The NMFS finds reason to waive the 30-day delay in effectiveness pursuant to 5 U.S.C. 553(d)(1) so that this final rule may become effective upon publication in the Federal Register. The adjustments to management measures in this document affect commercial fisheries by increasing opportunity and relieving participants of the more restrictive trip limits. These adjustments were requested by the Council's advisory bodies, as well as members of industry during the Council's September 2020 meeting, and recommended unanimously by the Council. No aspect of this action is controversial, and changes of this nature were anticipated in the biennial harvest specifications and management measures established through a notice and comment rulemaking for 2019-2020 (82 FR 63970; December 12, 2018).
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- Fishing, and Indian Fisheries
Dated: October 14, 2020.
Jennifer M. Wallace,
Acting Director, Office of Sustainable Fisheries, National Marine Fisheries Service.
For the reasons set out in the preamble, 50 CFR part 660 is amended as follows:
PART 660—FISHERIES OFF WEST COAST STATES
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1. The authority citation for part 660 continues to read as follows: End Amendment Part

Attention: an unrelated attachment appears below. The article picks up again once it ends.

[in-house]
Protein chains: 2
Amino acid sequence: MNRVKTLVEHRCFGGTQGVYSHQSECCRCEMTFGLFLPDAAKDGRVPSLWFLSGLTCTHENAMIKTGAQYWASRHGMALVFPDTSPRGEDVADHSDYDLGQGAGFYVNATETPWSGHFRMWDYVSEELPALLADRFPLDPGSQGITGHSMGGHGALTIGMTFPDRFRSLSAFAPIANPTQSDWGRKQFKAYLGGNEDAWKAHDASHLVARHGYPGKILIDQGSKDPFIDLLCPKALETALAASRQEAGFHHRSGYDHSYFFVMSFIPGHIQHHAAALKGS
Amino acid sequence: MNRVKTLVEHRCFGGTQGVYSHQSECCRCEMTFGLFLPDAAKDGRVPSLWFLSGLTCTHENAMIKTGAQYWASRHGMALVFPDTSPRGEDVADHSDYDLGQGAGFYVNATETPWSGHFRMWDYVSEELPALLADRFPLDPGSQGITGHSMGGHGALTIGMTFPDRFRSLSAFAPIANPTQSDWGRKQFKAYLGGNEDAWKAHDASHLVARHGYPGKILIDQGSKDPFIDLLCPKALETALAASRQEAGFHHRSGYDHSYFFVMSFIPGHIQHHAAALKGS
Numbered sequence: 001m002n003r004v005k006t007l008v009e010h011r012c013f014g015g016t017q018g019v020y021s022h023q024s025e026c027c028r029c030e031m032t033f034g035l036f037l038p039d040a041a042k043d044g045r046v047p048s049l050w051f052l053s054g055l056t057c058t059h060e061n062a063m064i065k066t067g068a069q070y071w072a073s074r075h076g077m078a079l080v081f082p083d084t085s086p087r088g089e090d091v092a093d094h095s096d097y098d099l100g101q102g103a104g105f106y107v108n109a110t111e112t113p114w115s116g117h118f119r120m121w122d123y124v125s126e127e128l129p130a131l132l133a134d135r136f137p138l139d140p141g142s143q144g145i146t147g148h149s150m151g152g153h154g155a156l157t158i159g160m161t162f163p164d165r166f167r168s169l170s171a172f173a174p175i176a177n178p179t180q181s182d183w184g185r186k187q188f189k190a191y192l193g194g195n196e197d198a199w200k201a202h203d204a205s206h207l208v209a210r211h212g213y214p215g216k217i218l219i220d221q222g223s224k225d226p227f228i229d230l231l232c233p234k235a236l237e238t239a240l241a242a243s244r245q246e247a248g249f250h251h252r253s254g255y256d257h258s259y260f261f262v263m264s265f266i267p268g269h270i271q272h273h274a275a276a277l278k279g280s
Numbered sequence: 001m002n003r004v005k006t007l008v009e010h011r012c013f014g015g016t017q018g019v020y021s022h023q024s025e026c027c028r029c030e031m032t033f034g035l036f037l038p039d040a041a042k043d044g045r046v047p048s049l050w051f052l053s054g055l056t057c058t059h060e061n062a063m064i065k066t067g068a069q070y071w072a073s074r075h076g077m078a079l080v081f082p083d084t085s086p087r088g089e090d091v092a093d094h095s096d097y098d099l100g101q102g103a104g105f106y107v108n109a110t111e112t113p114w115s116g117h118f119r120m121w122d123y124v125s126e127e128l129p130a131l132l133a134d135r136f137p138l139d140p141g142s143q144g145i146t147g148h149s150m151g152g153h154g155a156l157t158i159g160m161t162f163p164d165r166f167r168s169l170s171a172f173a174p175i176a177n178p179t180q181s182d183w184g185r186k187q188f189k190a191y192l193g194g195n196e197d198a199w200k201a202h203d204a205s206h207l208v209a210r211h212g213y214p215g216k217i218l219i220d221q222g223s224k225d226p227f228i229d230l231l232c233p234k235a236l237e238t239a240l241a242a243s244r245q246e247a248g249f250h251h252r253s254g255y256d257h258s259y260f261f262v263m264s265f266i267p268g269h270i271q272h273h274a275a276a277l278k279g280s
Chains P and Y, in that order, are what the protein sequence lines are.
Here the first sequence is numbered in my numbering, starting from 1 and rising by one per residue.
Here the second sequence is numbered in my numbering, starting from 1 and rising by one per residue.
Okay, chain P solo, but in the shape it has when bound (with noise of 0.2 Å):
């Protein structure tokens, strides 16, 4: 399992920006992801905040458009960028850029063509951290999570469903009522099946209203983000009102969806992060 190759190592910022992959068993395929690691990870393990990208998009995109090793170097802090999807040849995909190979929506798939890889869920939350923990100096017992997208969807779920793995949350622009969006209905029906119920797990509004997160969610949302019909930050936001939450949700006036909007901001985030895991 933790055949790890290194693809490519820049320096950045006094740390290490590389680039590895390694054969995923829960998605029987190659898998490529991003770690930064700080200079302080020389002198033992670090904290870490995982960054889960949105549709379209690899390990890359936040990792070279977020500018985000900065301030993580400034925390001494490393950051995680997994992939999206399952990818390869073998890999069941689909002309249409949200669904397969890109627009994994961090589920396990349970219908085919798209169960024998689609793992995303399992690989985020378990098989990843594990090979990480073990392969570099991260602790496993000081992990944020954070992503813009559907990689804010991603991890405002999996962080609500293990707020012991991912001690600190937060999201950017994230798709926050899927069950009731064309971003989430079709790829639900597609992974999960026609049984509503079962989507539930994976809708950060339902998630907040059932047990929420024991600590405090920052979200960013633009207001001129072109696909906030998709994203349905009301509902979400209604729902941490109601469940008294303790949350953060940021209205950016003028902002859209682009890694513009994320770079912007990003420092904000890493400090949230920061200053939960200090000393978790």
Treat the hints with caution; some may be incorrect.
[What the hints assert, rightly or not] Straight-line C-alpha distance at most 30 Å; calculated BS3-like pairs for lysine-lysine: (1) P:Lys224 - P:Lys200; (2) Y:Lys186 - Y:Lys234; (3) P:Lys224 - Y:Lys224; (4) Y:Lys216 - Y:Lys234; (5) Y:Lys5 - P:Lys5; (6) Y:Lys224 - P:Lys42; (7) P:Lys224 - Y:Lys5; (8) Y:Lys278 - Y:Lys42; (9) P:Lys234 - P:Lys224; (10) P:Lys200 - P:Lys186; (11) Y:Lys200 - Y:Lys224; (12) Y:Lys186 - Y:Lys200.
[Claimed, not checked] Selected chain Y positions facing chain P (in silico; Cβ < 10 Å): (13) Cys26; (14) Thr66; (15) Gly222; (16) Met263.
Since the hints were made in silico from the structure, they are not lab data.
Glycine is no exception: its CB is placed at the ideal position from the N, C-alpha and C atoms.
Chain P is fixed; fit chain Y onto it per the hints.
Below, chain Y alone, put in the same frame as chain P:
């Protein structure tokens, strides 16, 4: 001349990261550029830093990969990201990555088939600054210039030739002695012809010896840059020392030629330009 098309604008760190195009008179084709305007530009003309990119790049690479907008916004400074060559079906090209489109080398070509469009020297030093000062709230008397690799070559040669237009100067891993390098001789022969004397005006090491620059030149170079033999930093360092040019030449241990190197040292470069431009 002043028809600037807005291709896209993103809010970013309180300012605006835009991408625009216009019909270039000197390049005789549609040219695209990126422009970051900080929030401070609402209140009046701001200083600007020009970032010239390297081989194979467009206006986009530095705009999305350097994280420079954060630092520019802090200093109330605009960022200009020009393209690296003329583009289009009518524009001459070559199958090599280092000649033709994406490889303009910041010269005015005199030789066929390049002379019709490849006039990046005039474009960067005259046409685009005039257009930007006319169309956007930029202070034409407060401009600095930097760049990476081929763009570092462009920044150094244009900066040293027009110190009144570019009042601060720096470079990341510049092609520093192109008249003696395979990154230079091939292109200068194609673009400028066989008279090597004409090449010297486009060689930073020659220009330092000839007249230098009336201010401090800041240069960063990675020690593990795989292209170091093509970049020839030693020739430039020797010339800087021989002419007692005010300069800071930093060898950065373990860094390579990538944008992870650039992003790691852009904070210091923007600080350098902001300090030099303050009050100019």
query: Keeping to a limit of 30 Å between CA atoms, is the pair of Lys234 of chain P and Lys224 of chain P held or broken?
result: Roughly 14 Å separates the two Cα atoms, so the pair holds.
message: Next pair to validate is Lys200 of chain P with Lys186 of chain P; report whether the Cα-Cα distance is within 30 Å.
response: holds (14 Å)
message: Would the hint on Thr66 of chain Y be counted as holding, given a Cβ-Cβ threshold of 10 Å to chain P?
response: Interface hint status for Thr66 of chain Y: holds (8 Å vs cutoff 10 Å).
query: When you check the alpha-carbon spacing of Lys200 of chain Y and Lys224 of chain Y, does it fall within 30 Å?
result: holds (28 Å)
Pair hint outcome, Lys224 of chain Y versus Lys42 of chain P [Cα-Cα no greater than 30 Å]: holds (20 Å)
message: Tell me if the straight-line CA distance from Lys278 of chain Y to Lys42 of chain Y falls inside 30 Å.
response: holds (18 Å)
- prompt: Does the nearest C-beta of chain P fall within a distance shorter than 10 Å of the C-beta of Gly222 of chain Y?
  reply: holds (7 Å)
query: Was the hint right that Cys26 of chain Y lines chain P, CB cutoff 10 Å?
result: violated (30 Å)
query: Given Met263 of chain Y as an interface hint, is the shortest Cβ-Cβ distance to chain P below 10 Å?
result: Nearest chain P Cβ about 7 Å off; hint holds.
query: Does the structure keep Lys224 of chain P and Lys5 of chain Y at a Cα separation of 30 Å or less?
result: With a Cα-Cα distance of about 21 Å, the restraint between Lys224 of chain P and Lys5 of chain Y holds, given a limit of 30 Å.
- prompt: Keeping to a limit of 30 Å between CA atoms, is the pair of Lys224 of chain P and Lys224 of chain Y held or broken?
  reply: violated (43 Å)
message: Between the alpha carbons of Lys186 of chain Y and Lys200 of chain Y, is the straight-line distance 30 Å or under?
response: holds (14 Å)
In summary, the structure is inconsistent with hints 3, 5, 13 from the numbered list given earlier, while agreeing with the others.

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2. In § 660.231, paragraph (b)(3)(iv) is revised to read as follows: End Amendment Part
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Limited entry fixed gear sablefish primary fishery.
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(iv) Incidental Pacific halibut retention north of Pt. Chehalis, WA (46°53.30′ N lat.). From April 1 through October 31, vessels authorized to participate in the sablefish primary fishery, licensed by the International Pacific Halibut Commission for commercial fishing in Area 2A (waters off Washington, Oregon, California), and fishing with longline gear north of Pt. Chehalis, WA (46°53.30′ N lat.) may possess and land up to 250 lbs (113 kg) dressed weight of Pacific halibut for every 1,000 lbs (454 kg) dressed weight of sablefish landed and up to two additional Pacific halibut in excess of the 250-lbs-per-1,000-pound limit per landing. “Dressed” Pacific halibut in this area means halibut landed eviscerated with their heads on. Pacific halibut taken and retained in the sablefish primary fishery north of Pt. Chehalis may only be landed north of Pt. Chehalis and may not be possessed or landed south of Pt. Chehalis.
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3. Table 2 (North) to part 660, subpart E is revised to read as follows: End Amendment Part
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4. Table 2 (South) to part 660, subpart E is revised to read as follows: End Amendment Part
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5. Table 3 (North) to part 660, subpart F is revised to read as follows: End Amendment Part
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6. Table 3 (South) to part 660, subpart F is revised to read as follows: End Amendment Part
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BILLING CODE 3510-22-P
[FR Doc. 2020-23078 Filed 10-16-20; 8:45 am]